This beautiful little Ursus C330 tractor was found by one of our Elves on Flickr today. Built by Thietmaier aka Damian Z it deploys a brilliantly chosen array of tiny pieces to give a wealth of detail to the build. See more on Flickr at the link.
Flickr’s Jakeof_ is back, with this beautifully constructed MTZ-82.1 tractor – complete with hot dogs for wheel arches – towing a pair of Autosan D-732 trailers. Lovely detailing is visible throughout and there’s much more to see of this superb threesome at his MTZ-82.1 / Austin D-732 Flickr album. Click the link above to visit Jakeof_’s farm.
We like a good tractor here at The Lego Car Blog. After all, they’re responsible for the production of the tasty vegetables and even tastier meats that reside in TLCB Fridge. This excellent Technic tractor comes from previous bloggee Thirdwigg and it’s a John Deere 6130R, complete with a working piston engine, front and rear power take-offs, steering and drawbars. There’s more to see of Thirdwigg’s build on Flickr, Brickshelf, and at the Eurobricks discussion forum – head to the farm via the links above.
Is FarmVille still a thing? We hope not. Anyway, let’s move on from today’s title to this incredible pair of farming vehicles, each built by Eric Trax of Flickr. We’ve been awaiting for further details of these builds for a few days but as these don’t appear to be forthcoming and the Elf that found this is getting increasingly irate we’ll post this now…
These two almost unfathomably detailed Lego creations are a Holmer Terra Dos T3 and a Fendt Favorit 514c tractor complete with a Krampe Big Body 550 trailer in tow. Underneath the remarkably life-like exteriors Eric has engineered some quite spectacular realism, with a multitude of Power Functions components giving each model a plethora of working functionality.
As for what that functionality is you’ll have to wait until Eric posts further details, but until then you can see this incredible image above in closer detail via the link above. And if your Aunt is still inviting you to play FarmVille every few weeks, tell her to move on…
Lamborghini are best known these days for their wildly-styled V12-engined supercars, but they actually started in far more humble fashion as a tractor manufacturer. Flickr’s Yvan Bourdeau pays homage to their beginnings with this marvellous recreation of one of their earliest vehicles… yet has fitted it with one of Lamborghini’s enormous V12 engines. It’s almost as if he were a TLCB Elf… Head to Yvan’s photostream via the link above and see how quickly you can plow that field….
The animals are finally leaving the farm! We’re not sure it’s for a holiday though…
Still, this is the 1960s, so at least cruel and intensive meat production isn’t really a thing yet. Arian Janssens is the builder behind this rather lovely DAF A 1900 DS truck and trailer combo and there more to see on Flickr. Click the link above to join us for a medium sirloin.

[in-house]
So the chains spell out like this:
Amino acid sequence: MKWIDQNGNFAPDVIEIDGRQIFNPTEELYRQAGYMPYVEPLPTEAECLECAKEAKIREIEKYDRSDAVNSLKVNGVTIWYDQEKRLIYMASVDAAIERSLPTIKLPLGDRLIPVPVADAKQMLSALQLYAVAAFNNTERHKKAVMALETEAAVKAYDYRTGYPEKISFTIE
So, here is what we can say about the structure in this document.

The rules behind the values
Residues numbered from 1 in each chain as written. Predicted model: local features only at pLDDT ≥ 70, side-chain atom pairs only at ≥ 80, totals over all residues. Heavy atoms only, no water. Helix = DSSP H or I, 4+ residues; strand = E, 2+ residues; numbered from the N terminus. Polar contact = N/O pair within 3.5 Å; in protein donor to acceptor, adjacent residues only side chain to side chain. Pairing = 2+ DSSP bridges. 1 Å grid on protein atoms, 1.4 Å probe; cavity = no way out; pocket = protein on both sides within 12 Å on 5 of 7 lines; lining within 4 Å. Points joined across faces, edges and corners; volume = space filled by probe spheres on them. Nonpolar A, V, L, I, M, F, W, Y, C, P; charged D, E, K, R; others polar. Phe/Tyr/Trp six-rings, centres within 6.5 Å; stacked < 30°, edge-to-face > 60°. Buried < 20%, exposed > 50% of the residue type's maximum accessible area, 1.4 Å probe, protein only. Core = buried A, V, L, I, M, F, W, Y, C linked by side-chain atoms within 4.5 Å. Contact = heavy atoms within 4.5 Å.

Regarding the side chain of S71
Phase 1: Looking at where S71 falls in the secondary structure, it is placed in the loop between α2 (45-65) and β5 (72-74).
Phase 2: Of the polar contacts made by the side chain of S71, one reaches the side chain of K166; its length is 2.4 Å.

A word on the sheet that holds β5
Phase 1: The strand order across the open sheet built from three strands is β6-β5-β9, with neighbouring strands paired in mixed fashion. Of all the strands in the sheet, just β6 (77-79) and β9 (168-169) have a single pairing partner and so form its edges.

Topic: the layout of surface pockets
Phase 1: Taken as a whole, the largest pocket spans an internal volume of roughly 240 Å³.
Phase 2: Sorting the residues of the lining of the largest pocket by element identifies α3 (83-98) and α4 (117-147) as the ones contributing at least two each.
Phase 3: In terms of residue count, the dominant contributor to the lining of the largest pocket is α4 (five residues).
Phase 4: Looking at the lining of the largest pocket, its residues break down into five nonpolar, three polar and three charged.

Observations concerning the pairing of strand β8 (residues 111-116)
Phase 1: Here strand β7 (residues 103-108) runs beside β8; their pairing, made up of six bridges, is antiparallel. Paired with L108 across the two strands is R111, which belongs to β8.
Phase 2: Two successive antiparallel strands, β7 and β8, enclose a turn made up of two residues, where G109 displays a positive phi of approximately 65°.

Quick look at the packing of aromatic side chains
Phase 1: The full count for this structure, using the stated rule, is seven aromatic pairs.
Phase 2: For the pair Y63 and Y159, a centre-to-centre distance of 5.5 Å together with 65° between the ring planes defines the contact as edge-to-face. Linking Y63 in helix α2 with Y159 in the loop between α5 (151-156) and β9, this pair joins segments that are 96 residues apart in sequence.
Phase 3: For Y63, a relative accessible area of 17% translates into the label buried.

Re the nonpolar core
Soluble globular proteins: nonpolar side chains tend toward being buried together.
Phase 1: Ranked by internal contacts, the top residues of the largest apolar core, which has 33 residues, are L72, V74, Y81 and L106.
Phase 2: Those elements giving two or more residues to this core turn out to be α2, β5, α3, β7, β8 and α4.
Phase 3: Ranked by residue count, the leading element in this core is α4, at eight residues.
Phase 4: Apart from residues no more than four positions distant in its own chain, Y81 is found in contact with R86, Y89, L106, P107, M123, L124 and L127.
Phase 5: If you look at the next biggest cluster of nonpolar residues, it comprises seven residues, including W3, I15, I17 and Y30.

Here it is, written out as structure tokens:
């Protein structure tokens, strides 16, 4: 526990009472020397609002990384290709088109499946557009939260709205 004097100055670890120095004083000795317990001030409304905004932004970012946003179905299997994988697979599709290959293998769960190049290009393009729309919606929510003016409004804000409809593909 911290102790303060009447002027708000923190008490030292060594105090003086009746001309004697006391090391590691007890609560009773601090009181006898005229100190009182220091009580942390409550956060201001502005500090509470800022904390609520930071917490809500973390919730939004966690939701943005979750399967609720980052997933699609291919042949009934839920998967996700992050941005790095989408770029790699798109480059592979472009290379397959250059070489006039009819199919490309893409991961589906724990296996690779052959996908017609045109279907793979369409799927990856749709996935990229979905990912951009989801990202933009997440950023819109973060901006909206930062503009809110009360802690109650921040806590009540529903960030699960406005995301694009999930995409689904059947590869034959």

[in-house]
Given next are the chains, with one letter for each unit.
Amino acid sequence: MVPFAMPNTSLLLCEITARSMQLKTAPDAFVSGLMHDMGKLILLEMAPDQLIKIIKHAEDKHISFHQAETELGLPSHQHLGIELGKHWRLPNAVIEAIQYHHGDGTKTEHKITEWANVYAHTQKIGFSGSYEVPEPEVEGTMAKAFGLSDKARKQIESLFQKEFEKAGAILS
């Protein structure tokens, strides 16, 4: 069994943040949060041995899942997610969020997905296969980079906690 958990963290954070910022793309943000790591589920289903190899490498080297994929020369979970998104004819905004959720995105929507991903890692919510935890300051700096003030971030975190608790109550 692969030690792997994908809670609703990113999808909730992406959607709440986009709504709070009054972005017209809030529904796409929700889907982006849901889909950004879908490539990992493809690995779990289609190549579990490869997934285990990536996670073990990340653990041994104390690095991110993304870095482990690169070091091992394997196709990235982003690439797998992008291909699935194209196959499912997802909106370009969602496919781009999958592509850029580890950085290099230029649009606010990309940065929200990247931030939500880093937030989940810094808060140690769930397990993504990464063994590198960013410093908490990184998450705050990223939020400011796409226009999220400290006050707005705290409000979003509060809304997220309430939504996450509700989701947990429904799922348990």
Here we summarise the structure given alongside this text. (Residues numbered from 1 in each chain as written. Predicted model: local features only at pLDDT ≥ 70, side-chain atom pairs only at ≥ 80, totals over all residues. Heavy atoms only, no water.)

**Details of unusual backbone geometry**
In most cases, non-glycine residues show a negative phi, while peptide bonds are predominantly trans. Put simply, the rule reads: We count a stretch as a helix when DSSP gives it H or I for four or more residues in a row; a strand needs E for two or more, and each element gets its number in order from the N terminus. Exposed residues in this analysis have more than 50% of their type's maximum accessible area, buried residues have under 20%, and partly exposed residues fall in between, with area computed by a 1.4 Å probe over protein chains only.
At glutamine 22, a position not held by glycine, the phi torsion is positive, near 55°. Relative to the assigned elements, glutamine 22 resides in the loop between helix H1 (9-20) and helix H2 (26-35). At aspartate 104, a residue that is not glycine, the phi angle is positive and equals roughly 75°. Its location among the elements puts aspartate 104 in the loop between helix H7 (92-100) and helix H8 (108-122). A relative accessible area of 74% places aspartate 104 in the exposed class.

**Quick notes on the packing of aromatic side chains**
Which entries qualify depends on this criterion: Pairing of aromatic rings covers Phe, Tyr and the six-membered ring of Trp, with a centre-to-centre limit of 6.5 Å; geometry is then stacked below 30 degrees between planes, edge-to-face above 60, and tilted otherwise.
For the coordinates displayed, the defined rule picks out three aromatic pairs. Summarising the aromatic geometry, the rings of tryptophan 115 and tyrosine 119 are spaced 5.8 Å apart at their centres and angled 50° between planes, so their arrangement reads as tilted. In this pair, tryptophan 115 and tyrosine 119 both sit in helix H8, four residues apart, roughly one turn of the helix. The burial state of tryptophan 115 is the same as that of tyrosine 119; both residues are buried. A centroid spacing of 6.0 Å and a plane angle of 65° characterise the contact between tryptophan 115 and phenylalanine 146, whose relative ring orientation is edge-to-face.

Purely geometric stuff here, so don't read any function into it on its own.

It’s a gloriously sunny spring day here at TLCB Towers, and whilst it’s nowhere near hay season yet we’re looking forward thanks to Eric Trax and this spectacular New Holland TM140 and Claas Quadrant 2200 baler combo.
Eric’s superb New Holland tractor not only looks fantastic, it’s packed with remote control functionality all of which can be controlled remotely via bluetooth thanks to a third-party SBrick. The drive and steering are driven by Power Functions motors, as are the front and rear hitches and power-take-off.
That PTO sends drive to the Claas Quadrant baler, powering a variety of complicated-looking mechanisms which ultimately culminates in the machine excreting a block of tan pieces (hay) in a manner similar to a horse doing its business. It’s a mighty clever build and one that you can recreate for yourself as Eric has made instructions available too!
There’s much more to see of both the New Holland TM140 tractor and Claas Quadrant 2200 baler at both the Eurobricks forum and via Eric’s Flickr photostream, plus you can watch the models in action via the video below. Click the links above to make hay, whilst we await the outcome of the office sweepstake betting on how long it’ll be before we have to extract a TLCB Elf from the inner workings of that baler…
Pantera might a word better associated with an Italian-American sports car or a 1980s heavy metal band*, but it’s also apparently a self-propelled 4500-litre crop sprayer from 130-year-old German agricultural manufacturer Amazone. An unusual choice for a LEGO creation then, but perhaps an inspired one too, as this enormous Model Team replica of the Pantera 4502 by previous bloggee Eric Trax is a work of engineering genius.
Like the real vehicle, Eric’s Pantera is all-wheel-drive, all-wheel-steering (with three steering modes), and includes the crucial adjustable height system that allows these machines to raise themselves above the crops beneath them.
It also of course features the huge folding arms that deploy to spray crops; in Eric’s model extending to an impressive 1.4 meters in width! In all there are seven LEGO Technic motors powering the drive, multi-mode steering, adjustable ground clearance, and both the spraying arm extension and height.